Happy Birthday to AVA: A One-Year Checkup on Nokia’s Cognitive Platform
March 10, 2017 Leave a comment
- In the year since Nokia announced its AVA cognitive services platform, the vendor has announced a slew of services leveraging the technology, signaling an intention to incorporate the platform widely.
- Predictive repair and the MIKA digital assistant represent two such innovations as the result of AVA, but the nature of cognitive platforms asserts the real story is the refinement that follows traction.
It has been a full year since Nokia unveiled AVA, a cognitive platform focused on revolutionizing service delivery via automation, virtualization and analytics (AVA!). At the time, Nokia announced it would adapt the platform to the delivery of care services, network implementation, network performance optimization and managed services. As could be expected, the integration of the platform experienced something of a ramp-up period; Nokia has devoted much of the last year to building services and gaining mindshare around the concept of ‘extreme automation,’ cementing its status as the most vocal vendor in this space. Services launches since, including predictive optimization, predictive repair and the introduction of a digital assistant, MIKA, have all incorporated AVA to some extent. The launches confirm the vendor’s commitment to the AVA platform as a differentiator in service delivery efficiency and make clear that a continuously improving AVA platform will underpin Nokia’s entire services organization.
But, what exactly does AVA do? A few recent service launches provide some insights.
Predictive Repair Ramping Up
Akin to dipping toes in the water, Nokia’s predictive repair, announced January 27, can reportedly predict hardware failures up to 14 days in advance with up to 95% accuracy (albeit strictly with Nokia 3G and 4G equipment). Considering the service’s reliance on Bell Labs machine learning, network, repair center and factory data, this should come as no surprise. The launch is timely; just a few months ago, Ericsson debuted its own solution that attempts to avoid unnecessary site visits. For Nokia, the launch represents a first step for predictive repair. The complexity of hardware installations has bogged down network operators eager to modernize operations, often dealing with solutions from a variety of different vendors. As the industry continues to move toward a software-centric environment with flexible and elastic hardware, professional services capabilities will need to cater to those ideals. Nokia will gain valuable experience adapting the AVA platform to repair solutions on a smaller scale in 2017, but will likely expand the scope of its capabilities before long.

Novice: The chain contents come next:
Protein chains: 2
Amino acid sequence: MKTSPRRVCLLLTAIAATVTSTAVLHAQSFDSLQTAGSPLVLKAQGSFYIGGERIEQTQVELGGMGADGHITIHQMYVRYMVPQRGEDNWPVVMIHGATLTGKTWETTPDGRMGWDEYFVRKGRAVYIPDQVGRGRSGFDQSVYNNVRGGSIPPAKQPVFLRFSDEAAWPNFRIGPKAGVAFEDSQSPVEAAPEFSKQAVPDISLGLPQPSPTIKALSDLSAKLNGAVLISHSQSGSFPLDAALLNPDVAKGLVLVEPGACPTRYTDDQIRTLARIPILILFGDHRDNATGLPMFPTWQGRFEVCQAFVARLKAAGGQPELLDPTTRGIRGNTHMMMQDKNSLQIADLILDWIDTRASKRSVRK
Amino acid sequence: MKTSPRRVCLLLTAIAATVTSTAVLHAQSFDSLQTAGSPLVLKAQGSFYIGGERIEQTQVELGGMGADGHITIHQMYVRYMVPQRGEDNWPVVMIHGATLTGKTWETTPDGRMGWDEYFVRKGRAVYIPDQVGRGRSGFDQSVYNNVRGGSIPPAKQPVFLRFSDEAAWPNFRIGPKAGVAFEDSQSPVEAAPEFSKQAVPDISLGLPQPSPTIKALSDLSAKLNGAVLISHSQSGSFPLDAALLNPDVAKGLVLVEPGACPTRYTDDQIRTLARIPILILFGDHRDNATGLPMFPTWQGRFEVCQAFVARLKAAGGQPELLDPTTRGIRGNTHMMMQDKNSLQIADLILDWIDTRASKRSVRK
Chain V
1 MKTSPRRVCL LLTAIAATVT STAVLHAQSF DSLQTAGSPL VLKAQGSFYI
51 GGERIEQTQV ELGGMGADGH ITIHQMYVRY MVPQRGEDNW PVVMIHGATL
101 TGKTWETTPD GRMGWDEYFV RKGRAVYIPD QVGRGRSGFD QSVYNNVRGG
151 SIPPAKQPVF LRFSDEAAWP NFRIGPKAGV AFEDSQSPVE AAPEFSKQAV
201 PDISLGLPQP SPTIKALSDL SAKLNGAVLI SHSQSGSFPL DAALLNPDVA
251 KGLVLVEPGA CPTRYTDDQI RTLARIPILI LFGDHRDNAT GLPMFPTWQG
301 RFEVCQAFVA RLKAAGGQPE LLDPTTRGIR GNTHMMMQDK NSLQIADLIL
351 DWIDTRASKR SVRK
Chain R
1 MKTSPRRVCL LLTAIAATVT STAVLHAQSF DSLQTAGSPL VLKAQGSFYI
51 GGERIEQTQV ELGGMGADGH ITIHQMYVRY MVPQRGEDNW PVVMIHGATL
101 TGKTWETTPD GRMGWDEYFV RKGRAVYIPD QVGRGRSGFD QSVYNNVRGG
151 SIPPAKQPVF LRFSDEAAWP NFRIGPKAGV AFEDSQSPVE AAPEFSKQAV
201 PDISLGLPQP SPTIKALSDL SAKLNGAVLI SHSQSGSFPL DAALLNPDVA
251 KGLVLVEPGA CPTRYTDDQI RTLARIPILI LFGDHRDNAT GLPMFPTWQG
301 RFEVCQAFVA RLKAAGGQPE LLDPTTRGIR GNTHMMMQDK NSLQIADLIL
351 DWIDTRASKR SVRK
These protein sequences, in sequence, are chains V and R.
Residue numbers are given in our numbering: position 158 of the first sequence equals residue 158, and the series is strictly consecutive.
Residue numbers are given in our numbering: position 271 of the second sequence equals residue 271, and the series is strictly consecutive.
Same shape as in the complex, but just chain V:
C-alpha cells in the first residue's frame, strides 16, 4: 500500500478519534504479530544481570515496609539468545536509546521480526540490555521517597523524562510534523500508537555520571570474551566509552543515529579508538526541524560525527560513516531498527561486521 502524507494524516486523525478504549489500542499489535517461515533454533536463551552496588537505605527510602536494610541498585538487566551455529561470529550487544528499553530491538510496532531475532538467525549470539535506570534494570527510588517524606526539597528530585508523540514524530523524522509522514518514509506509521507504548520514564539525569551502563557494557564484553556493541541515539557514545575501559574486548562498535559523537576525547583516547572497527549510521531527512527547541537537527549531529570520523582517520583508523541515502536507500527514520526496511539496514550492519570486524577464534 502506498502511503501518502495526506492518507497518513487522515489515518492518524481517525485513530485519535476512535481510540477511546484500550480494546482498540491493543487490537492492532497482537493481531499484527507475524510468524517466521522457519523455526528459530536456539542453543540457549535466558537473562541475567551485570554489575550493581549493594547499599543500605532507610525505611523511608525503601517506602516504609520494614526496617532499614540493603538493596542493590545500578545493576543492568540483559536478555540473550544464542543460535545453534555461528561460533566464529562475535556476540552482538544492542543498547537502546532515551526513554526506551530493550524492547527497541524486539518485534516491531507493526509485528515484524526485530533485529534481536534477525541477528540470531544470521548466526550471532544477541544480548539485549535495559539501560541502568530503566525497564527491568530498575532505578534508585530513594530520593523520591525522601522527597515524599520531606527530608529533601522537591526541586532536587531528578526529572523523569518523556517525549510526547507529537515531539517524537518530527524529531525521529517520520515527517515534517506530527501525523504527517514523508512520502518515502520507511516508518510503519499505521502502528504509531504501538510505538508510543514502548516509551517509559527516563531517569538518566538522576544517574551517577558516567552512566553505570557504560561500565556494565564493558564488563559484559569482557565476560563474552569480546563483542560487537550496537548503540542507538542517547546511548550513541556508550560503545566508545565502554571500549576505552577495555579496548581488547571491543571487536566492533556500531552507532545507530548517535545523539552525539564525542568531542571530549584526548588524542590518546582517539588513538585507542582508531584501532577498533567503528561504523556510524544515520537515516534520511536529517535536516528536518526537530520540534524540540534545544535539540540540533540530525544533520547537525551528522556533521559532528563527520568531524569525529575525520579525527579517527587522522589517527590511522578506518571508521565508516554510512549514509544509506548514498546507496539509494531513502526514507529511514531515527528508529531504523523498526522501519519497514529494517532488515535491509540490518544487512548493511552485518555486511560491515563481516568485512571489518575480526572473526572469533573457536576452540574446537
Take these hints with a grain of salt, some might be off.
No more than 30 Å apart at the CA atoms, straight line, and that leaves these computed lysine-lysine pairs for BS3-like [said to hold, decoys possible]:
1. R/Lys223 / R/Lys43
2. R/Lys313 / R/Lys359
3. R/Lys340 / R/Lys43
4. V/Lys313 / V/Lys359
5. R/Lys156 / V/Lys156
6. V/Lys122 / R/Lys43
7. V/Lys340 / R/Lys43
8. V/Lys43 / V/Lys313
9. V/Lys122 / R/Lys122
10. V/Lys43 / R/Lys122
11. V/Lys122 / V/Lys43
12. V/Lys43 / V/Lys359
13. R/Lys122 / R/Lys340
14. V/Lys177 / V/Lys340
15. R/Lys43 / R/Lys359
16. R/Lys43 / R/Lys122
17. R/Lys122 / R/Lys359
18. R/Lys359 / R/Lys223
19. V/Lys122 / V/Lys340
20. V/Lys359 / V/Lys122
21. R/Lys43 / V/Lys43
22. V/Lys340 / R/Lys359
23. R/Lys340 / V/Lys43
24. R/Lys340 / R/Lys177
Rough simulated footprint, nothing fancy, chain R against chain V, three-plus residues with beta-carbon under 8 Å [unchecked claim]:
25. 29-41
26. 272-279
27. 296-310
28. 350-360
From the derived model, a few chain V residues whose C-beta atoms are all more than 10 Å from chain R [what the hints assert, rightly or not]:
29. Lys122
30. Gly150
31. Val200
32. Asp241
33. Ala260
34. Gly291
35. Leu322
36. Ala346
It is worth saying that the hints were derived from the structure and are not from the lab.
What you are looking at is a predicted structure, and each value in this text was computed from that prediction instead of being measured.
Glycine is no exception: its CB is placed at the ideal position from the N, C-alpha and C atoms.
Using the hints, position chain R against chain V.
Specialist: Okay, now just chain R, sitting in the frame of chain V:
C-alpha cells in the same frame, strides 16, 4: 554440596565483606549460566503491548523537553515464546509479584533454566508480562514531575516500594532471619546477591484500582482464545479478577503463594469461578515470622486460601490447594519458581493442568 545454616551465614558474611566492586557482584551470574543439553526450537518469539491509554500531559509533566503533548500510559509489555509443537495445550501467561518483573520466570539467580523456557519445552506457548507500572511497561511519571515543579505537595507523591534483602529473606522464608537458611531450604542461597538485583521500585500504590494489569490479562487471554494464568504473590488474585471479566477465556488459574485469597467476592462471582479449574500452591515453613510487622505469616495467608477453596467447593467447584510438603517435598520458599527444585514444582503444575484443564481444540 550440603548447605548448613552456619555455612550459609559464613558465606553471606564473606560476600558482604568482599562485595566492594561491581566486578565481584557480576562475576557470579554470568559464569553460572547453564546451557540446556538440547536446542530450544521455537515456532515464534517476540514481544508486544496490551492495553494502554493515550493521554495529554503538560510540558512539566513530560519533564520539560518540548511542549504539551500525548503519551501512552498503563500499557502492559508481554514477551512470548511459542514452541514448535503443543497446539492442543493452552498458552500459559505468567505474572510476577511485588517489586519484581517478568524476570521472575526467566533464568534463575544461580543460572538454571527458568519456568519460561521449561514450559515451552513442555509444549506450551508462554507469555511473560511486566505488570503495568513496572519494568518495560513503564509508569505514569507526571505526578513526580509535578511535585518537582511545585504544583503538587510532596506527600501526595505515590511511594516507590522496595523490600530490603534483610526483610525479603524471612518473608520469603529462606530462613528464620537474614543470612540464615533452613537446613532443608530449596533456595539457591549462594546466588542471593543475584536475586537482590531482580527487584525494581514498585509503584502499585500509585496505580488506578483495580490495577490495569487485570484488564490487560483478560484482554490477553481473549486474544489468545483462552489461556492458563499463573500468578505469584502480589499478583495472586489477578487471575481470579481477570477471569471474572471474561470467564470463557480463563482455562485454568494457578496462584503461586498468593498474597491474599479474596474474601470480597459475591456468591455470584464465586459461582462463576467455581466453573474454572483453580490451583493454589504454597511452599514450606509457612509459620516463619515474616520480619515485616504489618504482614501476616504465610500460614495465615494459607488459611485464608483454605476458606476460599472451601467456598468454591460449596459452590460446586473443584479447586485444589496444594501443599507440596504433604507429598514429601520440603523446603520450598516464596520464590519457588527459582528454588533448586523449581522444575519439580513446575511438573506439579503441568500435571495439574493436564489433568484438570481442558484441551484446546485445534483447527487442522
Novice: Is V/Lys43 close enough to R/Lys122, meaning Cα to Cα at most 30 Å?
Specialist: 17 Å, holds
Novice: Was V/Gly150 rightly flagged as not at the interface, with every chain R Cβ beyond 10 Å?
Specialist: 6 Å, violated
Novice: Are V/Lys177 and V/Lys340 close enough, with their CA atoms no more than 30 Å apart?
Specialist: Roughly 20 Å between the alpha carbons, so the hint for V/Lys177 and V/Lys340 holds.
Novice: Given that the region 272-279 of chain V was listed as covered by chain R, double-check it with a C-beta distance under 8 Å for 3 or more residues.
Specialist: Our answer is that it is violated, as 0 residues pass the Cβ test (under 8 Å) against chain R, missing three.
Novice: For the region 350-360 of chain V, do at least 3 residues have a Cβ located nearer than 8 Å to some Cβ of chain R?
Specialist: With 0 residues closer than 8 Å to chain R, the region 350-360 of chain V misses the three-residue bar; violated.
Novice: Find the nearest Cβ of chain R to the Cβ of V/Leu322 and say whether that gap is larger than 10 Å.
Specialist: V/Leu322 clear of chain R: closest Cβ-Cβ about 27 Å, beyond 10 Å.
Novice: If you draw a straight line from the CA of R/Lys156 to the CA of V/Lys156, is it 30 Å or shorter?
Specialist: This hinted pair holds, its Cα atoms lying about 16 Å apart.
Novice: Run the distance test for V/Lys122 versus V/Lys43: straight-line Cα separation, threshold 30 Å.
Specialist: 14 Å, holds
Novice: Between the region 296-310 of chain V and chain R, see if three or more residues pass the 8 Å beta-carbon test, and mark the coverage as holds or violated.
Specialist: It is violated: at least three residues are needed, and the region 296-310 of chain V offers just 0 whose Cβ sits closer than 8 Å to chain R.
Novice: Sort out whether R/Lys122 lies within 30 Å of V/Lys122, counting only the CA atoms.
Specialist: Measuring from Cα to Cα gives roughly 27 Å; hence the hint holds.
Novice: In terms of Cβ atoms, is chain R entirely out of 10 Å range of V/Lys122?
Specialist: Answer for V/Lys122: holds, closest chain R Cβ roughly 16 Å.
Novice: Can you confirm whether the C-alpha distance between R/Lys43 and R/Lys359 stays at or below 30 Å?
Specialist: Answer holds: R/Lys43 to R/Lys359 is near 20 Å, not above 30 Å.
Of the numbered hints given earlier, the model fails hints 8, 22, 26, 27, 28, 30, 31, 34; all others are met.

Hey, Siri, OK Google: Meet MIKA?
While MIKA (for ‘Multi-purpose Intuitive Knowledge Assistant’) likely won’t tell telecom-flavored jokes, Nokia too has developed its own digital assistant powered by AVA, with the express purpose of providing automated assistance in network operations centers. The assistant uses an interactive UI and is said to provide an extra hour of productive time daily for engineers – time that can be better spent on higher-level activities. Data sources include the AVA knowledge library as well as a collection of best practices the vendor has gathered from projects worldwide. It’s a flashy use case, but could provide real-world benefits provided the process is seamless.
After wading in carefully with AVA, Nokia has moved full steam ahead with the platform over the past six months. To Nokia’s credit, the vendor recognizes the benefit of such an approach: traction begets further development. And for a platform that relies heavily on predictive analytics, more sources of data can only be a benefit. We can think of this in terms of Google Search: the more people that search using Google’s platform, the more refined the algorithm becomes. Just as MIKA leverages a repository of best practices the vendor has gained over time, the platform will improve as it gains data points, improving efficiencies even further. As the industry collectively looks to shed cost without sacrificing quality, cognitive platforms that self-improve over time will prove crucial to vendor portfolios.